In this article, we will discuss and cover the down payment and closing costs of a home purchase. Two costs home buyers need to consider when purchasing a new home are the down payment and closing costs. Depending on the mortgage loan program, there is a minimum down payment required. For example, for an FHA-insured mortgage loan, the minimum down payment required is a 3.5% down payment. The minimum required for a conventional loan for an owner-occupied primary residence is a 5% down payment.
The minimum down payment and closing costs required for a second and/or vacation home is a 10% down payment. The minimum down payment required for an investment home mortgage loan is a 20% down payment. The minimum down payment required for a condotel unit mortgage loan is 25%.
Both VA loans and USDA loans do not require any money down. Besides the down payment, all home buyers will need to pay closing costs. Closing costs are costs associated with the purchase and finance of the subject property. Examples of closing costs are discount points, appraisal fees, title charges, transfer fees, county and state fees, insurance, and other fees associated with the home purchase. Closing costs vary from county to county and state to state.
In general, closing costs can average 2% of the home purchase price. Down payment and closing costs are costs associated with the home purchase. The down payment is mandatory and the earnest money can be used as part of the down payment. Closing costs can be avoided if the home buyer can get a seller’s concession towards the home buyer’s closing costs.
All down payment needs to be sourced. For example, if you have mattress money ( cash ) and cannot source it, that cash cannot be used to source the down payment. Banks require two months’ bank statements and if you have undocumented cash, which many folks do, then you need to make the cash deposit and let it season for 60 days. This way, the funds are now seasoned and you do not have to worry about providing sourcing. Cash does not exist in the mortgage industry.
All funds need to be sourced and tracked. For example, if you have an irregular deposit of $5,000, where did it come from? If it was from a sale of a vehicle, the copy of the bill of sale, a copy of a check from the buyer, the title to the vehicle, and the deposit slip will be required in order to use the $5,000 irregular deposit towards the down payment.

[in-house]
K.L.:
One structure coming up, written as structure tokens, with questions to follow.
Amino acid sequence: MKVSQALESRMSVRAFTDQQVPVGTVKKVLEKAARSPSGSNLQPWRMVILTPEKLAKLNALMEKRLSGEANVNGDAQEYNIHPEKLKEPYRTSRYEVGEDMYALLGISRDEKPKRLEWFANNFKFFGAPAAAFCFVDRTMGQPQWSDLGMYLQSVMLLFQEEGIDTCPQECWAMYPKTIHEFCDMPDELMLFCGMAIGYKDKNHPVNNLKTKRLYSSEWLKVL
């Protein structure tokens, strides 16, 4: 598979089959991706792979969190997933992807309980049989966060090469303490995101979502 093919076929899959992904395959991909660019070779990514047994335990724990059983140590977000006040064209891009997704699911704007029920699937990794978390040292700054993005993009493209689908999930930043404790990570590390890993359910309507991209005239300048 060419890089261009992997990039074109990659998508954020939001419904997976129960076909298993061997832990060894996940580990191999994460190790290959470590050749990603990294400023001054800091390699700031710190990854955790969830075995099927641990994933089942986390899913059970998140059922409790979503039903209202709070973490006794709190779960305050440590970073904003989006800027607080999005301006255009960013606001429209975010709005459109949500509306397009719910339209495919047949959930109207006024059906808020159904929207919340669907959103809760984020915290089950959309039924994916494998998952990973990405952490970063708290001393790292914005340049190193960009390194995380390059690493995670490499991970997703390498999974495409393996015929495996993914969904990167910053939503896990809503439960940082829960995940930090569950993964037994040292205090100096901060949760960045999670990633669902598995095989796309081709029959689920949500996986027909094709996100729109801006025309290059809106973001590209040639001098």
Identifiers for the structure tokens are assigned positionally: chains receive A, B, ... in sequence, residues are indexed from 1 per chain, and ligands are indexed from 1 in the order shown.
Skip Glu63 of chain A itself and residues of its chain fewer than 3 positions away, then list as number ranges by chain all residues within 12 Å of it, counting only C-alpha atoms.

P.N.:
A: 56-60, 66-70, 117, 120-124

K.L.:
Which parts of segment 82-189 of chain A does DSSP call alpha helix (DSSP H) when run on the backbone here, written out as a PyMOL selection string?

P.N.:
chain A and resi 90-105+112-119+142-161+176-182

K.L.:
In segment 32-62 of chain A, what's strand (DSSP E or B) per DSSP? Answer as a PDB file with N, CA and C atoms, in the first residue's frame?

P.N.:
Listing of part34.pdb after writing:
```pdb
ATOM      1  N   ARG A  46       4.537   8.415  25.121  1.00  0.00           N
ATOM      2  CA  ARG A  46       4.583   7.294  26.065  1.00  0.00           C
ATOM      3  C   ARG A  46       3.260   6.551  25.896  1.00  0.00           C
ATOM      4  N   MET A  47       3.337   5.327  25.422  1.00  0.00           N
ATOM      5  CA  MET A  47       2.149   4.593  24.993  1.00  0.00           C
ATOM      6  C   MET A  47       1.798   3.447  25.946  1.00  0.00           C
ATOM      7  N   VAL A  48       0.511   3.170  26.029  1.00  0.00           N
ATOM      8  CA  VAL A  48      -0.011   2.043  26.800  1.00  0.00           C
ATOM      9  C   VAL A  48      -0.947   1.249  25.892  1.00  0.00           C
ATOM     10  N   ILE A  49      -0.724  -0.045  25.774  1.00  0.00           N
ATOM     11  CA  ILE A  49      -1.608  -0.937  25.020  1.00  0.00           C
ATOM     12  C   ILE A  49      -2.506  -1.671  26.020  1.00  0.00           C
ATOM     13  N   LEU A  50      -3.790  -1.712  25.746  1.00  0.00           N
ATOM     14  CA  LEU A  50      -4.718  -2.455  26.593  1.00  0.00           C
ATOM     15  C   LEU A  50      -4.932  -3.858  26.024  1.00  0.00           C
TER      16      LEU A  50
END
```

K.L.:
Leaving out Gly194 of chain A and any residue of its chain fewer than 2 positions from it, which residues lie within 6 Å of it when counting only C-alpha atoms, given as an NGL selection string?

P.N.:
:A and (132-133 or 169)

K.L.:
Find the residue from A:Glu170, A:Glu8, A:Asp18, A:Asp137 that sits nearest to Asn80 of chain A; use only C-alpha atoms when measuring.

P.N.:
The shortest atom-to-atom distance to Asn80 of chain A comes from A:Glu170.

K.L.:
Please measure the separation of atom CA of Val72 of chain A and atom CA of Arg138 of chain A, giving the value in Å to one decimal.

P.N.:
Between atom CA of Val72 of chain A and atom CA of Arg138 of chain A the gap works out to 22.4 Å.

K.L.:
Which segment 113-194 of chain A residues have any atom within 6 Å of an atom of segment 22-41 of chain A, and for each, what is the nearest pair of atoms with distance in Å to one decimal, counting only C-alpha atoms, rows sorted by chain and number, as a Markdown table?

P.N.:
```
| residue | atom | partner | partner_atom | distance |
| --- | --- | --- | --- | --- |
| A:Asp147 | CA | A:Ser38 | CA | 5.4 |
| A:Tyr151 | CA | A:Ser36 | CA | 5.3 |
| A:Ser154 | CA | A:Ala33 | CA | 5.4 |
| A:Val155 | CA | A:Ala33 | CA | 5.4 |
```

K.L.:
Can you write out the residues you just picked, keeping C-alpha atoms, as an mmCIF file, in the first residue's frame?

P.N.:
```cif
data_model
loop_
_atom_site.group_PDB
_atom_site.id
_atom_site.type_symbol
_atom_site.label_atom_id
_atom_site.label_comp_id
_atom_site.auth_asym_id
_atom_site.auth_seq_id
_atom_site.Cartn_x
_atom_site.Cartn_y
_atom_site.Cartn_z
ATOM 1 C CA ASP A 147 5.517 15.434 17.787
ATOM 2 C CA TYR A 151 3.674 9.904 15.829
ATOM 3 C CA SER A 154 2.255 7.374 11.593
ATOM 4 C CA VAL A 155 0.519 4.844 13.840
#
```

HUD allows 100% of the down payment to be gifted by a family member of the home buyer. A gift letter needs to be signed by the donor stating that the down payment that is being gifted is a gift and that the gift funds are not a loan and will not be paid back. 30 days of bank statements are required by the donor to see that the funds have been seasoned in the donor’s bank account. The funds leaving the donor’s account and being transferred to the recipient’s account will need to be provided as well. If the donor gave the recipient a check then a copy of the canceled check will be required.
As mentioned earlier, down payment and closing costs are the two costs required for a home purchase. Most home buyers normally do not have to worry about the closing costs. This is because closing costs can be covered in two ways. The first method where a home buyer can avoid paying closing costs is by getting a seller’s concession towards a buyer’s closing costs.
If the home seller is adamant in getting a minimum of $100,000 for their home, then the contract can be inflated by $3,000 for a total purchase contract price of $103,000. The seller can give the buyer a 3% seller’s concession towards the buyer’s closing costs. However, any excess in the seller’s concessions cannot go to the buyer. It needs to be returned to the seller so homebuyers should not ask for more sellers’ concessions than the actual closing costs.
FHA and USDA allow a maximum of 6% seller’s concession towards the buyer’s closing cost credit. VA allows a maximum of 4% sellers concessions. Conventional loans allow a maximum of 3% sellers concession towards the buyers closing costs. In the event, if the home seller is not willing to give a seller’s concession towards buyers closing costs, then the lender can cover part, if not all, of the closing costs by giving the borrower a lender credit towards closing costs in lieu of a slightly higher mortgage rate.